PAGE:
Music Recommendation and Discovery: The Long Tail, Long Fail, and Long Play in the Digital Music Space

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Springer Science & Business Media, Sep 2, 2010 - Computers - 194 pages
In the last 15 years we have seen a major transformation in the world of music. - sicians use inexpensive personal computers instead of expensive recording studios to record, mix and engineer music. Musicians use the Internet to distribute their - sic for free instead of spending large amounts of money creating CDs, hiring trucks and shipping them to hundreds of record stores. As the cost to create and distribute recorded music has dropped, the amount of available music has grown dramatically. Twenty years ago a typical record store would have music by less than ten thousand artists, while today online music stores have music catalogs by nearly a million artists. While the amount of new music has grown, some of the traditional ways of ?nding music have diminished. Thirty years ago, the local radio DJ was a music tastemaker, ?nding new and interesting music for the local radio audience. Now - dio shows are programmed by large corporations that create playlists drawn from a limited pool of tracks. Similarly, record stores have been replaced by big box reta- ers that have ever-shrinking music departments. In the past, you could always ask the owner of the record store for music recommendations. You would learn what was new, what was good and what was selling. Now, however, you can no longer expect that the teenager behind the cash register will be an expert in new music, or even be someone who listens to music at all.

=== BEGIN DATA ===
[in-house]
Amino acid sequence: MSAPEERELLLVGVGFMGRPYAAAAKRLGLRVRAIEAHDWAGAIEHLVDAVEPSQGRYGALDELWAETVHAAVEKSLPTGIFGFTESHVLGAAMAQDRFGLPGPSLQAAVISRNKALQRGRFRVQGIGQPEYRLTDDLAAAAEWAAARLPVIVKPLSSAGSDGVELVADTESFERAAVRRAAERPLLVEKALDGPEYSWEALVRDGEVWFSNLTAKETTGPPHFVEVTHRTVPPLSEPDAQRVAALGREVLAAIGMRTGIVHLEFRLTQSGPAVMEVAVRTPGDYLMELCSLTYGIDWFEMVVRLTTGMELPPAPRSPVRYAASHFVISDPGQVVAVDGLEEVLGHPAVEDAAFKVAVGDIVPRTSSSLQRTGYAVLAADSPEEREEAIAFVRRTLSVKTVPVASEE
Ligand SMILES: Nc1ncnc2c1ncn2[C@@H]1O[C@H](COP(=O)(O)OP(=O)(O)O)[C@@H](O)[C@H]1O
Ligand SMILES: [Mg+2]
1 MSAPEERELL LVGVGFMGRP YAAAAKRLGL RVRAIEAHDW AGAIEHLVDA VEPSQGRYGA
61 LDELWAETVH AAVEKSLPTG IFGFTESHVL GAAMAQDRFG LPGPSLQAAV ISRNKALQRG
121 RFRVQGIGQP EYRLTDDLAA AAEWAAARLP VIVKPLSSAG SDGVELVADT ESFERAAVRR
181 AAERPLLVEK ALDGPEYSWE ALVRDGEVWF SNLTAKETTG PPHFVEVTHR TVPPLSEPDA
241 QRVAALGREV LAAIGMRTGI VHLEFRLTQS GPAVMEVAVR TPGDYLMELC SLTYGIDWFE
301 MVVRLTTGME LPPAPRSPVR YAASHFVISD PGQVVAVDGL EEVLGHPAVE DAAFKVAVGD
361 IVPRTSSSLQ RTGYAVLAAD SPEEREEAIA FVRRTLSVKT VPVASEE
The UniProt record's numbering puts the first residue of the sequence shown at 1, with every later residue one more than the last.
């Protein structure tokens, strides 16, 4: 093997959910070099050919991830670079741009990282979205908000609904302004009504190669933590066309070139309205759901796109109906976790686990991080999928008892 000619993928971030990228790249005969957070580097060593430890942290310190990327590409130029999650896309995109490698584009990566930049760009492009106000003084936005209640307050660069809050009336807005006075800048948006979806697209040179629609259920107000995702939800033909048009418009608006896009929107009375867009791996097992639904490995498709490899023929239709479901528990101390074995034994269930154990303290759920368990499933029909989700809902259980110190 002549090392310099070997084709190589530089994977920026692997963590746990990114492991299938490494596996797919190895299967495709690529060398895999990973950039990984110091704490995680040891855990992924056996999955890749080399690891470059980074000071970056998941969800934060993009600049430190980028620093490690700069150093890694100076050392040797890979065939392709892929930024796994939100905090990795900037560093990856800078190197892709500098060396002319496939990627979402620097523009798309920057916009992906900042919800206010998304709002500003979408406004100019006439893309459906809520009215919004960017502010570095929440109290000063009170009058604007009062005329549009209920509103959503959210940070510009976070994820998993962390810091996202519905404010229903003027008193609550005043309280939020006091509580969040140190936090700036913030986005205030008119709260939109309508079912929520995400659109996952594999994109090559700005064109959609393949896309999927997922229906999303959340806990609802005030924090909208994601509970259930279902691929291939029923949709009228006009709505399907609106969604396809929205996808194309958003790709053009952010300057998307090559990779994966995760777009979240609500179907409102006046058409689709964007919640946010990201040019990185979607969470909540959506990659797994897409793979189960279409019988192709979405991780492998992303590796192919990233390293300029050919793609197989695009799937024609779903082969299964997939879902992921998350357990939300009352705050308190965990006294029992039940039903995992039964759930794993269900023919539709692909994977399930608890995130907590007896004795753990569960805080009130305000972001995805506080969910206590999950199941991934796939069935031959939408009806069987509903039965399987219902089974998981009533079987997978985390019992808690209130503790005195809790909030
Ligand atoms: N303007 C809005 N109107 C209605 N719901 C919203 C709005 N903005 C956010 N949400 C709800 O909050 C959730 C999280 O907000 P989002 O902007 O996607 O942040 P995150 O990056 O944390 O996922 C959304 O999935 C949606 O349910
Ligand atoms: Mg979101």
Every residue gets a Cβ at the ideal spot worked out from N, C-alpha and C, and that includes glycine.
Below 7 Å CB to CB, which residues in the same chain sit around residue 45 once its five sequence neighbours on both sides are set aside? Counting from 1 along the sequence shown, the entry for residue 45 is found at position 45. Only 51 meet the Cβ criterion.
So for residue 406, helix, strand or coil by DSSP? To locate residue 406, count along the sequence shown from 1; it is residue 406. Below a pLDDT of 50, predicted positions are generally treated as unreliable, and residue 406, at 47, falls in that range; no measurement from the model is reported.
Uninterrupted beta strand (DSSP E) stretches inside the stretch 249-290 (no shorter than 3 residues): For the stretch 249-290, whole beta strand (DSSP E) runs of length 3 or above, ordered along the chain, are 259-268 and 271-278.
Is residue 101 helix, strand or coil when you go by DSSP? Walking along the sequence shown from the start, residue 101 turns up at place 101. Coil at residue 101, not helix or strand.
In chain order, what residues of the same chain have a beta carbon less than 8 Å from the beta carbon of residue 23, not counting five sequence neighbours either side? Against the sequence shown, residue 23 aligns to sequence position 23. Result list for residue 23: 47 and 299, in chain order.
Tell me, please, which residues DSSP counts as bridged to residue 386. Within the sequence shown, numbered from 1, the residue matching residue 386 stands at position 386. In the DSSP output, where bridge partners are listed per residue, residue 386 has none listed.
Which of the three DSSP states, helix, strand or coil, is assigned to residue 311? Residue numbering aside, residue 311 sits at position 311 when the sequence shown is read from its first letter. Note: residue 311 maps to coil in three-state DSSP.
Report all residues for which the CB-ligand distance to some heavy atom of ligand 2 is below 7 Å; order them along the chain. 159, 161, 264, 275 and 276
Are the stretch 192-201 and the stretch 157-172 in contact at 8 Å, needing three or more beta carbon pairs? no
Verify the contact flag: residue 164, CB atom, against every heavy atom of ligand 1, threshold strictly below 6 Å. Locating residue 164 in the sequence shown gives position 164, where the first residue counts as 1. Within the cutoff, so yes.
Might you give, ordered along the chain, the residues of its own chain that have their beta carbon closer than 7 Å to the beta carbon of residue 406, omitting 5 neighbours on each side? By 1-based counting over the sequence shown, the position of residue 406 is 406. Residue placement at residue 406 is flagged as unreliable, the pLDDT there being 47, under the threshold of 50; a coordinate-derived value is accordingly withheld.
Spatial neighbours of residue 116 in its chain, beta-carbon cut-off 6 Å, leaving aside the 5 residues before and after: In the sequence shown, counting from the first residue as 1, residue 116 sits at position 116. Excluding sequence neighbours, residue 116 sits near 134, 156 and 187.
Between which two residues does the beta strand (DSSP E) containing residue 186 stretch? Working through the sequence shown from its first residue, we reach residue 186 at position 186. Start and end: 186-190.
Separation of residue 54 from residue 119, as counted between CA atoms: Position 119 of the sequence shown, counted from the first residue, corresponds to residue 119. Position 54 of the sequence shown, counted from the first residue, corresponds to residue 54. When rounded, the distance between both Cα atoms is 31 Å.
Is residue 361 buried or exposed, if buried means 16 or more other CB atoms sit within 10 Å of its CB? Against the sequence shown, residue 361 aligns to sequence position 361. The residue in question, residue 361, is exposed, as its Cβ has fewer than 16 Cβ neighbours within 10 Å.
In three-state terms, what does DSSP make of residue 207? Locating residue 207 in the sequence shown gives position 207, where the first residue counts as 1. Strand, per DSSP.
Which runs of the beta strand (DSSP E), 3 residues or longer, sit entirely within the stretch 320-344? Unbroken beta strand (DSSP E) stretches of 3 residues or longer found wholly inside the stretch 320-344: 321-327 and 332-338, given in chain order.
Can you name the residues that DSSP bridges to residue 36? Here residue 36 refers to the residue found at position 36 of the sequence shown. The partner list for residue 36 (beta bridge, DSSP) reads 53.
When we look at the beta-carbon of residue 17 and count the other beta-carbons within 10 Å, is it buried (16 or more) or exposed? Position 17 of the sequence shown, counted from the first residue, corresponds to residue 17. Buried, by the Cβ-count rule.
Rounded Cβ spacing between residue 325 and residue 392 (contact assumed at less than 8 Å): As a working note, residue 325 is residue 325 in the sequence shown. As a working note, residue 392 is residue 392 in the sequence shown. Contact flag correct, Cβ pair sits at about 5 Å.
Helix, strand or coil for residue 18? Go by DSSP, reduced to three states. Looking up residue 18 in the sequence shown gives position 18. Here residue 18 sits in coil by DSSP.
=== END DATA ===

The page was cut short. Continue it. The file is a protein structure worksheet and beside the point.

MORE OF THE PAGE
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1 Introduction
2 The Recommendation Problem
3 Music Recommendation
4 The Long Tail in Recommender Systems
5 Evaluation Metrics
6 NetworkCentric Evaluation
7 UserCentric Evaluation
8 Applications
9 Conclusions and Further Research

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